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Join Jamie Mitchell for the Survivor SUP Races

The Survivor SUP is a series of elimination races in Le Mans style. As soon as the riders line up, they must grab their board and paddle and head quickly on the water. The race course takes riders through surf and close to shore wave. Winning depends on race time, not on distance. The first rounds of the Survivor SUP will last for about 30 minutes, and the final five rounds will be held in the back-to-back format and last for about 15 minutes. Each round ends with a sand sprint.

The Survivor SUP is a project initiated by Jamie Mitchell, one of the most complete watermen ever. Jamie has extensive experience in racing. He has competed in some of the toughest races ever, including the Australian Surf Lifesaving races, the Molokai to Oahu race (10 times victorious), the Iron Man duels, as well as in many other stand-up paddle challenges. In the Survivor SUP series, Jamie aims to blend the best elements from all SUP races into a unique event.

The Survivor Sup races will be one of the main events of the Quiksilver Waterman Collection Waikiki Paddle Festival held at Duke Kahanamoku Beach, Fort DeRussy, Oahu between the 5th and 6th of May.

Jamie Mitchell’s Survivor SUP will attract the best SUP athletes in the world in a battle for supremacy and for the $5,000 first prize. The Survivor SUP is a sanctioned WPA World Championship Qualifier for the 2012 Hennessey's WPA World Paddle Championship which takes place in Cabo San Lucas, Mexico.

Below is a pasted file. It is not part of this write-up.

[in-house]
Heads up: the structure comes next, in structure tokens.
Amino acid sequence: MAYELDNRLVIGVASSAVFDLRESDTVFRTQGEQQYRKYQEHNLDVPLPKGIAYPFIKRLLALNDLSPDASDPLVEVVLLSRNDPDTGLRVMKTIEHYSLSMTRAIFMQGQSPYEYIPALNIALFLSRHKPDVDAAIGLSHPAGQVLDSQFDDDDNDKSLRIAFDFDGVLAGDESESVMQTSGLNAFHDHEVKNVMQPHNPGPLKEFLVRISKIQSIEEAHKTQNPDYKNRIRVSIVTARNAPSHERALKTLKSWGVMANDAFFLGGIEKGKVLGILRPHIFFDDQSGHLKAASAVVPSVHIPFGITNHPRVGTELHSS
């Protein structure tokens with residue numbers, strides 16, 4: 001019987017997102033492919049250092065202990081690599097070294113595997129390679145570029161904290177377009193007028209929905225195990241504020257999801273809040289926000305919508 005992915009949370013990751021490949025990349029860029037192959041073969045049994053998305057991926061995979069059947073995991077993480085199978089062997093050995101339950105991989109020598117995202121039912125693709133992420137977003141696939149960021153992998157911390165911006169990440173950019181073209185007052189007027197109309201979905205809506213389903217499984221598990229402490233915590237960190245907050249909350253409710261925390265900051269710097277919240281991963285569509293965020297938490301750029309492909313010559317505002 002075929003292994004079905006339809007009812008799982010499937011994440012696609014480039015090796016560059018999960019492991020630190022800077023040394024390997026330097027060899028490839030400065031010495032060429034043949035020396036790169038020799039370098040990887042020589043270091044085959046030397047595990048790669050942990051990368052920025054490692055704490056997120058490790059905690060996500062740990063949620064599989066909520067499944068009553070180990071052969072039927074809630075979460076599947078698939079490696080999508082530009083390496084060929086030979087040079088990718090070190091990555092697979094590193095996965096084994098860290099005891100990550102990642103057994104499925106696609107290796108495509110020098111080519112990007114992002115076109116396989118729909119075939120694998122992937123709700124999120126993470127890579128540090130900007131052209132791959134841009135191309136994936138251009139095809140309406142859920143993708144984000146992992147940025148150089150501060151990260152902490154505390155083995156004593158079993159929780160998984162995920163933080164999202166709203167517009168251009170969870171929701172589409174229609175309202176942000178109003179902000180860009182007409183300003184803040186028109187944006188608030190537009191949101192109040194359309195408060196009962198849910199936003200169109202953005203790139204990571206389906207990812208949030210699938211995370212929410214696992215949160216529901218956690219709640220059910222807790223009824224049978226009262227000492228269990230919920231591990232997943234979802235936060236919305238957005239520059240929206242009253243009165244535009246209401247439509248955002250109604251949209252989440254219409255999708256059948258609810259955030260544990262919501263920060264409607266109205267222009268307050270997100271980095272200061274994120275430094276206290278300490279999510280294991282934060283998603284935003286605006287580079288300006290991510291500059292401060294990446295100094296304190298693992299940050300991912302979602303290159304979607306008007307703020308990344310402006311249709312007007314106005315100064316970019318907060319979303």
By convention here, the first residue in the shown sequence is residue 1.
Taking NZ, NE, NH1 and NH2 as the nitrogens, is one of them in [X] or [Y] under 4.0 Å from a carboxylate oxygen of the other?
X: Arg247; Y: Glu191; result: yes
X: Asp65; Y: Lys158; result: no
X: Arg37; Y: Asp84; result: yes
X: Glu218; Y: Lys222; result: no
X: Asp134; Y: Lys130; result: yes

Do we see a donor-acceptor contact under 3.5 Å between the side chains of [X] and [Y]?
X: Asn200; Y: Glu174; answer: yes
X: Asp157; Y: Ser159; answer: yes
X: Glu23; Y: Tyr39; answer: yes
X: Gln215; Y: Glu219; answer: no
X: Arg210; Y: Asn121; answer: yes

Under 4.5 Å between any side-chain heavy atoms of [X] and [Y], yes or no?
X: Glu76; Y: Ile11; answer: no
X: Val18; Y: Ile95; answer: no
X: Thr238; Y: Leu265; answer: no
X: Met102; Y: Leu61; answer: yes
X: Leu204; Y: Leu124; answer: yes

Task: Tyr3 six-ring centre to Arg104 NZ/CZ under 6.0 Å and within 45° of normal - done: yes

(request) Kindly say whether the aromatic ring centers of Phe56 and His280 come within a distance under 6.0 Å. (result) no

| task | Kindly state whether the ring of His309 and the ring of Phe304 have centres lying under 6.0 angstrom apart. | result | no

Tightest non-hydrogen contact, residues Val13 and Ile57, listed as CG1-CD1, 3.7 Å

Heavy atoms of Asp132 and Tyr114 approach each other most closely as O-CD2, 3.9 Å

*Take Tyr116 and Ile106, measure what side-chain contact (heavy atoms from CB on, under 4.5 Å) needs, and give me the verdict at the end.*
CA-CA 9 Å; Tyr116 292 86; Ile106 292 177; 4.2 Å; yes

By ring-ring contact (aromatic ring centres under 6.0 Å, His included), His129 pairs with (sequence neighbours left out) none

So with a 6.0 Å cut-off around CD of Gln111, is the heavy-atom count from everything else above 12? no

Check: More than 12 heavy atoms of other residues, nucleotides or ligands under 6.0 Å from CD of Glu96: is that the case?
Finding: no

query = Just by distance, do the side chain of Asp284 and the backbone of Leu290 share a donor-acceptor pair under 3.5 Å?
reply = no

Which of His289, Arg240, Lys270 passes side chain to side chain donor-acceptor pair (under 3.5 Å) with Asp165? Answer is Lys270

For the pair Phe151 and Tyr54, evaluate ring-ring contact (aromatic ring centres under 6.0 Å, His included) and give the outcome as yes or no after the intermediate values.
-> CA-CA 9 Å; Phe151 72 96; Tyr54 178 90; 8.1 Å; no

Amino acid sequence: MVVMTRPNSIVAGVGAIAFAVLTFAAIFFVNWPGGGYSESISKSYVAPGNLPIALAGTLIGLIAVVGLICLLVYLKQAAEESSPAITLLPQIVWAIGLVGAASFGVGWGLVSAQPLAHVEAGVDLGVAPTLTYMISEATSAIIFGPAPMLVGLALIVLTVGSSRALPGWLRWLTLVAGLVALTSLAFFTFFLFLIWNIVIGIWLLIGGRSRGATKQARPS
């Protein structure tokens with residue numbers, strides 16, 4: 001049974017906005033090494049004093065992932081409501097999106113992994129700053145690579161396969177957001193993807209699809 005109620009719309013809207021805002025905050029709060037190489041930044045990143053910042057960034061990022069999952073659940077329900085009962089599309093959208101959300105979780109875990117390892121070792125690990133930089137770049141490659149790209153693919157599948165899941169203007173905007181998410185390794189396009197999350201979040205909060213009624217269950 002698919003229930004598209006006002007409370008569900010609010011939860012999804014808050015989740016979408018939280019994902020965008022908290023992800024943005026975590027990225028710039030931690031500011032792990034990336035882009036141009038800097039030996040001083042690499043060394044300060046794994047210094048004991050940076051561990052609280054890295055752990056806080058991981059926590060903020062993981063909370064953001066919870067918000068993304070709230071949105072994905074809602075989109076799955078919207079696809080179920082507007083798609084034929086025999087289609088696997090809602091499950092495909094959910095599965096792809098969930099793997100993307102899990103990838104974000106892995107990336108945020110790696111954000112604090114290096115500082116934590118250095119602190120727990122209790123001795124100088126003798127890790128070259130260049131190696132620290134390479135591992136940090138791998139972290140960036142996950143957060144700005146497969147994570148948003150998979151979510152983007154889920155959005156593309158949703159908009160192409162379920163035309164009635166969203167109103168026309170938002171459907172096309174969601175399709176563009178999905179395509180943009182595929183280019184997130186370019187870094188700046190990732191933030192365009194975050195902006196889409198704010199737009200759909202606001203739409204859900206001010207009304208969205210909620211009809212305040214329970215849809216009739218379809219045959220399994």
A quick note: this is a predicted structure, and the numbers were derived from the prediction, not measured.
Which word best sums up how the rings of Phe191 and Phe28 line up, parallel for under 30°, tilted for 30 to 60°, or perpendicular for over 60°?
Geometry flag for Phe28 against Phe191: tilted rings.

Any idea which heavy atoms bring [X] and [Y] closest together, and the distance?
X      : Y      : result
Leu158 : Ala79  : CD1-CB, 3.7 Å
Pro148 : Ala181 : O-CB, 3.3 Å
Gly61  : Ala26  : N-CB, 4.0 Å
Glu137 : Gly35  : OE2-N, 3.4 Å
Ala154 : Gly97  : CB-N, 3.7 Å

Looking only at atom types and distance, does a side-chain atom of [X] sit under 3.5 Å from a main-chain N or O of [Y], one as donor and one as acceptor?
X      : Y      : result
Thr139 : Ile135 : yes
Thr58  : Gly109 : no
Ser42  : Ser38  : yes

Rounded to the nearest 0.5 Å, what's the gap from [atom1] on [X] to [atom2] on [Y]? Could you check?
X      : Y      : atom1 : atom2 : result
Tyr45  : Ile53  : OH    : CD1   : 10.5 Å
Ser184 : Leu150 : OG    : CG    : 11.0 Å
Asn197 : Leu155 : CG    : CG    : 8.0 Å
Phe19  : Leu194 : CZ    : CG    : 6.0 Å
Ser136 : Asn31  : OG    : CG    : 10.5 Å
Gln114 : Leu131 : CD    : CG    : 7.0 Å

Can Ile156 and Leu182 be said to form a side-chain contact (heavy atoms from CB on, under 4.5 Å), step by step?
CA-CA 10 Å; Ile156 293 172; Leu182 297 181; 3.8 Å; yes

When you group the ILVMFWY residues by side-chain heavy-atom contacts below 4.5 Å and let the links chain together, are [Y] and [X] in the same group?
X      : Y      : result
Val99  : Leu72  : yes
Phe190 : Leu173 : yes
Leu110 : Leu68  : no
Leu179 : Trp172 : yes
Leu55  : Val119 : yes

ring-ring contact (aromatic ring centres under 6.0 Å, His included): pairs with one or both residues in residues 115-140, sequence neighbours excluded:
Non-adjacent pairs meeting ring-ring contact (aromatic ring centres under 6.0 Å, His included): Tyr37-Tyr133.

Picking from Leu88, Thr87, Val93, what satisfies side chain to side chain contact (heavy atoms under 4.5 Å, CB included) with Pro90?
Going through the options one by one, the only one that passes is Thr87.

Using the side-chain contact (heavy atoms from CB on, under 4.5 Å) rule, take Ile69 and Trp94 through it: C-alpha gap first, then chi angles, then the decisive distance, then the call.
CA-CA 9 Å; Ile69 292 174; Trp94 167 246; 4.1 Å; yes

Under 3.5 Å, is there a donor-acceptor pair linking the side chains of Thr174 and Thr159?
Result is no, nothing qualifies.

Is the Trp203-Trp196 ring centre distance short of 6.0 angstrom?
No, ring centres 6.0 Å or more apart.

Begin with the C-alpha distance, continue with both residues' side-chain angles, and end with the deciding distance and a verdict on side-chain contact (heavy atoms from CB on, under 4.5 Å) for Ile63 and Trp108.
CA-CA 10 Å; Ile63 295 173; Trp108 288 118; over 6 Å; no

Jamie stated: "SUP racing is still so new that we've barely touched the tip of the iceberg at this point. There are so many exciting ways to showcase the sport and keep it challenging for the athletes and I wanted to explore that more with the Survivor race. I think it's going to attract all the usual suspects - Danny Ching, Travis Grant, Connor Baxter, Slater Trout... but I also wanted to design something that brought guys like Aaron Napoleon back into the fray. SURVIVOR isn't going to be just about endurance, but also about skill and fitness, so in that sense, I expect it to be a great indicator of all-around talent."